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Fire industry expert weighs in on Plainfield Walmart warehouse fire

13News talked with a veteran firefighter for some perspective on the initial response to the massive blaze.

PLAINFIELD, Ind. — There are questions about part of the response to a massive Walmart warehouse fire.

Plainfield's fire chief confirmed Friday firefighters turned off part of the sprinkler system after arriving inside.

Most of the building's suppression system stayed on, but water was turned off in the specific area where the fire was burning.

13News talked with a veteran firefighter for some perspective on the initial response to the fire.

“Something went drastically wrong,” said Marc Bashoor, a retired fire chief and public safety director. He listened to the radio traffic between fire crews from Wednesday’s fire in Plainfield and looks at video of an inferno in a building the size of 21 football fields.  

“Let’s be honest, I wasn’t there, so me commenting on this is about what I hear on the radio and about what I know,” Bashoor said. 

After 40 years on fire departments across the country and now as executive editor for FireRescue1.com, a website for fire industry professionals, Bashoor says there are lessons every fire department can take away.  

“1.2 million square feet, fully-sprinkled buildings don’t normally burn down, so we need to figure out what happened,” he said.

In an article on FireRescue.com, Bashoor outlined some of his takeaways after analyzing more than two hours of radio traffic between fire crews on scene.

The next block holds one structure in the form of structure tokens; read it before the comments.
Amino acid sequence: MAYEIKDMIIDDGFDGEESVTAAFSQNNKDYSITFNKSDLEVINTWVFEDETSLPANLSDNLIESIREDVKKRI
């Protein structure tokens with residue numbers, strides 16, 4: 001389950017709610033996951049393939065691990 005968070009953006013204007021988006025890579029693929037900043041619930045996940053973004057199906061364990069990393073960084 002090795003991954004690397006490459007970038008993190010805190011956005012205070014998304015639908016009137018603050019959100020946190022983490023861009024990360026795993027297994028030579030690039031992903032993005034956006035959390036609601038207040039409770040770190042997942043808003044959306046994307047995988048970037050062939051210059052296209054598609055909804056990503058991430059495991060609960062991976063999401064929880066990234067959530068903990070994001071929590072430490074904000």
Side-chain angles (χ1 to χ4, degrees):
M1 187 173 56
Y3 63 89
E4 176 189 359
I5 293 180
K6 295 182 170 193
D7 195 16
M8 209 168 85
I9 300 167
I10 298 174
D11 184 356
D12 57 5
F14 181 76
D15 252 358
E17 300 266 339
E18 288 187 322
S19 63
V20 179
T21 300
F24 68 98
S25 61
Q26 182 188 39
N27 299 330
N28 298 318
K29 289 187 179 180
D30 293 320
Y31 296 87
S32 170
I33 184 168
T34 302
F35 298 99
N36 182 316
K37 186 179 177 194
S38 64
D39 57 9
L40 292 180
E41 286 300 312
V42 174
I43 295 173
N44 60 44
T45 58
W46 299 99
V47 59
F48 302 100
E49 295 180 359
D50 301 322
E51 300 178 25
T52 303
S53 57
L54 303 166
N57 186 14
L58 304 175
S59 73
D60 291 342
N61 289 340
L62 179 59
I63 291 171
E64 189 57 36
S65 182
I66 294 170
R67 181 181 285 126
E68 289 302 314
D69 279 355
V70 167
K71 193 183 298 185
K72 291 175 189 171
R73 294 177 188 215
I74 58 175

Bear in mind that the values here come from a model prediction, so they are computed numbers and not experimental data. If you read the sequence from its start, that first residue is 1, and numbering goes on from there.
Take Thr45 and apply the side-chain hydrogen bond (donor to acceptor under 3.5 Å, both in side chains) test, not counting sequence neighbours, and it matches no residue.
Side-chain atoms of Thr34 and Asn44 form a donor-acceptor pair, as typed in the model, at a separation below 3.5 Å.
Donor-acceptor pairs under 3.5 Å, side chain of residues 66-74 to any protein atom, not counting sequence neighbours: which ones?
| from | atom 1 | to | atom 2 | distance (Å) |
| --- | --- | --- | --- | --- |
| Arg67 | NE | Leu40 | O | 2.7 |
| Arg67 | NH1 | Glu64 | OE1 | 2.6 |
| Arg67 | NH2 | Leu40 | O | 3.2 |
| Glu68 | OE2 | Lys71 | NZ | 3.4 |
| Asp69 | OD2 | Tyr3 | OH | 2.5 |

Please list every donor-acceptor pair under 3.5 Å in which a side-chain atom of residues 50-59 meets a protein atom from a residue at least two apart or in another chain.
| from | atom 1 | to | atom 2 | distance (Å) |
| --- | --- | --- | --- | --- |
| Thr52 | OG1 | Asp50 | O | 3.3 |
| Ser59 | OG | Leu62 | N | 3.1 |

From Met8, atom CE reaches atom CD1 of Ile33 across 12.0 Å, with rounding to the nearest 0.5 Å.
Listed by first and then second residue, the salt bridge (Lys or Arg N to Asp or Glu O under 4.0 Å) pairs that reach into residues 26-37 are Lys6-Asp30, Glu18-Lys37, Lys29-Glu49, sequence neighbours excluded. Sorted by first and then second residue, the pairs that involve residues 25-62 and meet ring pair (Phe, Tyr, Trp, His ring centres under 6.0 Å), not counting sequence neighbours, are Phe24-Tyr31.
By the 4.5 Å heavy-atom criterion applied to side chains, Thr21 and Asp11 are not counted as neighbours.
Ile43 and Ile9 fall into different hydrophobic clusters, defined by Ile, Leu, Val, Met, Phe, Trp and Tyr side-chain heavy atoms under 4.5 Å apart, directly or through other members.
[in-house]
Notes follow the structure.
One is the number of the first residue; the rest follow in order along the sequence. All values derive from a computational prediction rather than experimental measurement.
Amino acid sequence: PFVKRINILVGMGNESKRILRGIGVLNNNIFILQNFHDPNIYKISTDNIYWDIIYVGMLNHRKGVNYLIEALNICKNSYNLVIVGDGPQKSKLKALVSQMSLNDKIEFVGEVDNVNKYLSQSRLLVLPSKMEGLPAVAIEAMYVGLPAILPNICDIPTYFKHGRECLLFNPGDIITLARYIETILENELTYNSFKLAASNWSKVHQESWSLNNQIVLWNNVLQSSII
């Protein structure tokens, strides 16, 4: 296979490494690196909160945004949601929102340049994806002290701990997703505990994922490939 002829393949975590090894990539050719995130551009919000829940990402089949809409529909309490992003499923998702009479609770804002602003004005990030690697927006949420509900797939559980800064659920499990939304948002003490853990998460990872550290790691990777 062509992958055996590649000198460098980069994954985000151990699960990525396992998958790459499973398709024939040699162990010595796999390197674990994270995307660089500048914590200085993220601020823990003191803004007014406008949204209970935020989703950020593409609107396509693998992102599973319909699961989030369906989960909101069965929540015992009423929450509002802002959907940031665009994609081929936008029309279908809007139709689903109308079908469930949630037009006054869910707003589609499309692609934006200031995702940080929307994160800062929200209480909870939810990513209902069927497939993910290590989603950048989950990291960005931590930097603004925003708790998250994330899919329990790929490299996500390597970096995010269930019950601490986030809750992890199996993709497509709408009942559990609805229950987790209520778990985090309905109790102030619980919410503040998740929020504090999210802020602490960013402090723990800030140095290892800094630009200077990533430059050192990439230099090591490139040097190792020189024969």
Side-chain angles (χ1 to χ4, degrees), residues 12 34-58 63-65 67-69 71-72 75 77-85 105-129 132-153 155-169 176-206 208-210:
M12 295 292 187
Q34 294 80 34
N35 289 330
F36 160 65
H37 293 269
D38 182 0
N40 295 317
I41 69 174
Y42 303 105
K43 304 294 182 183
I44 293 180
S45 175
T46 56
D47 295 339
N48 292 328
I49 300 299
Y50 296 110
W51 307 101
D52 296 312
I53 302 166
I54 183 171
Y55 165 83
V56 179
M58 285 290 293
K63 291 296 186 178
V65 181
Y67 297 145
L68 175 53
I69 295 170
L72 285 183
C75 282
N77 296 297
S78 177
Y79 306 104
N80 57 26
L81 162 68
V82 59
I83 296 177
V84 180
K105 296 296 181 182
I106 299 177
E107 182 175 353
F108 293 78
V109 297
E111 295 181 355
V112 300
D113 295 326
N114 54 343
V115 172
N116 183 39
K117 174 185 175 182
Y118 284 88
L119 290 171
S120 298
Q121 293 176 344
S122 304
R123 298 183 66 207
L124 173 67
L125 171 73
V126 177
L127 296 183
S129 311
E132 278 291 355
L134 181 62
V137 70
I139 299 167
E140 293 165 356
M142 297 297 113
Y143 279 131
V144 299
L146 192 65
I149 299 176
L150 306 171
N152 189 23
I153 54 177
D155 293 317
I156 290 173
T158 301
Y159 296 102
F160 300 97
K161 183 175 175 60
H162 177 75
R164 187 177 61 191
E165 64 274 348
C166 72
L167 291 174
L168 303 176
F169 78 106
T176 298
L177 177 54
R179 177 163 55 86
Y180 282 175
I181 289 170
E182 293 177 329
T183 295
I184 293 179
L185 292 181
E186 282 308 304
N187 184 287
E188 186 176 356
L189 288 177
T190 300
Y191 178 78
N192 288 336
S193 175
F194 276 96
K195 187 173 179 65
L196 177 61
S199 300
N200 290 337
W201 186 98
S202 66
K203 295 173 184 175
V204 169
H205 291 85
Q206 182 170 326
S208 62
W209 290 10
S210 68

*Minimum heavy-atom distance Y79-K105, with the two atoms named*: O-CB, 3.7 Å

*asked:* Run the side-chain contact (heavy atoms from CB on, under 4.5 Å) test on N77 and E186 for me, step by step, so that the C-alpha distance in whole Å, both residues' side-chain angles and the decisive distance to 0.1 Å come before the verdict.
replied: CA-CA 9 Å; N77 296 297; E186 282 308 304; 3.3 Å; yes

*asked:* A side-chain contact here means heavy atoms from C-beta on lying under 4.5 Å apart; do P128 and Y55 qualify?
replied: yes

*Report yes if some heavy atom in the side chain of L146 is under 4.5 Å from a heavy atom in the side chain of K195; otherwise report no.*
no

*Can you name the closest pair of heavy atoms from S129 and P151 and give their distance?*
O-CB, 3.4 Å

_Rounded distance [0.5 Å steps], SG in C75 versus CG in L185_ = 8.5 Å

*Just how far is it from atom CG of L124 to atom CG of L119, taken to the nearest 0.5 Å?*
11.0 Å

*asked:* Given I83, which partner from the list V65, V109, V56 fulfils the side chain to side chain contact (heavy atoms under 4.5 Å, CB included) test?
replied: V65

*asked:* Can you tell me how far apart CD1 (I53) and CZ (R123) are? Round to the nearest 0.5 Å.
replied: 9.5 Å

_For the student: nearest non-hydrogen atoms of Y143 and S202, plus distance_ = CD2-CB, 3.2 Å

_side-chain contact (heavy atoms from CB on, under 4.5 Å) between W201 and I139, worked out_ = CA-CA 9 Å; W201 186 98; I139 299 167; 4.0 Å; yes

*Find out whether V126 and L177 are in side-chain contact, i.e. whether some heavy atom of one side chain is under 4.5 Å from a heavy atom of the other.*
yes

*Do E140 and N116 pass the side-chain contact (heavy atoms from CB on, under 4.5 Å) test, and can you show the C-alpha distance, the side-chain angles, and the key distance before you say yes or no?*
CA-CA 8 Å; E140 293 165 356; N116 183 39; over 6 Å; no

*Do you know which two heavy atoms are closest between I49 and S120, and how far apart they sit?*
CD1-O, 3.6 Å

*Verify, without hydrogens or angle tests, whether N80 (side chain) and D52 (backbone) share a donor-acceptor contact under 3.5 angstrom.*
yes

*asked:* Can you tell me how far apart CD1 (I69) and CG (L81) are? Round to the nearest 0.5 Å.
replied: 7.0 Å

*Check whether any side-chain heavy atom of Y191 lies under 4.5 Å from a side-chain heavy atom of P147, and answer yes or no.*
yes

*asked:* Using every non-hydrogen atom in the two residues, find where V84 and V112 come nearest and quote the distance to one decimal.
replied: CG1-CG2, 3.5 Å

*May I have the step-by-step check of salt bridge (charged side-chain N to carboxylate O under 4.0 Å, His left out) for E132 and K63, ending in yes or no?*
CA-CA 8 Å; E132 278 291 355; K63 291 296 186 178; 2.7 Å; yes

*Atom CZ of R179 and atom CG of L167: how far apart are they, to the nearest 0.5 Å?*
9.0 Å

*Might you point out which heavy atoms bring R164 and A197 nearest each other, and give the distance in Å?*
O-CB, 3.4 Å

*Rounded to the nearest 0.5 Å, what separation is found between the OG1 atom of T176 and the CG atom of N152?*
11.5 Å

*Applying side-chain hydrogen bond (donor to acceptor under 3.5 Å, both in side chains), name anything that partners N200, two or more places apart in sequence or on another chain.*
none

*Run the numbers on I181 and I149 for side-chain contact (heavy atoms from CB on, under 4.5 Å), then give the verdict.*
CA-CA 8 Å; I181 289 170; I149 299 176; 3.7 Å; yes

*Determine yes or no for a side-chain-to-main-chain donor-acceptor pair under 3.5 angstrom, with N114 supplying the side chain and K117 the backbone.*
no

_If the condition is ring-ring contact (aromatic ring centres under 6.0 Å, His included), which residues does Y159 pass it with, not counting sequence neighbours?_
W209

“Engine 121, be advised we have zero visibility inside,” you hear from the radio traffic, found on Broadcastify.com. Then, a short time later in that same radio traffic you hear “We’re under control.  We need to get the doors opened up and start the ventilation process.” 

RELATED: Officials say fire now out, as ATF begins on-site investigation into Plainfield warehouse fire

“They really couldn’t see what was going on, so I am sure there’s going to be an analytical look at how that determination was made, that the fire was under control,” Bashoor said, then raising questions about the call to open up the doors.  

“That feeds oxygen to a potential fire if there is still one,” Bashoor said. 

Then this can be heard: “We’re going to need to shut down the riser that controls the sprinkler heads in the section we’re working off of.” 

RELATED: Firefighters turned off part of sprinkler system at Plainfield Walmart fulfillment center

“What shutting it off tells me is they believe they have it under control and they no longer need these sprinklers to continue flowing water,” Bashoor said. 

Combine that call with the one to open the doors: “If you shut down the sprinkler system and you introduce this air intake, and if the fire was still in a smoldering state, you just created a recipe for disaster and unfortunately that looks like it may have played out,” Bashoor said, adding that only a thorough investigation will determine what really happened. 

“There were a lot of folks that were extremely fortunate that they walked away alive, both occupants of the building and firefighters,” said Bashoor.

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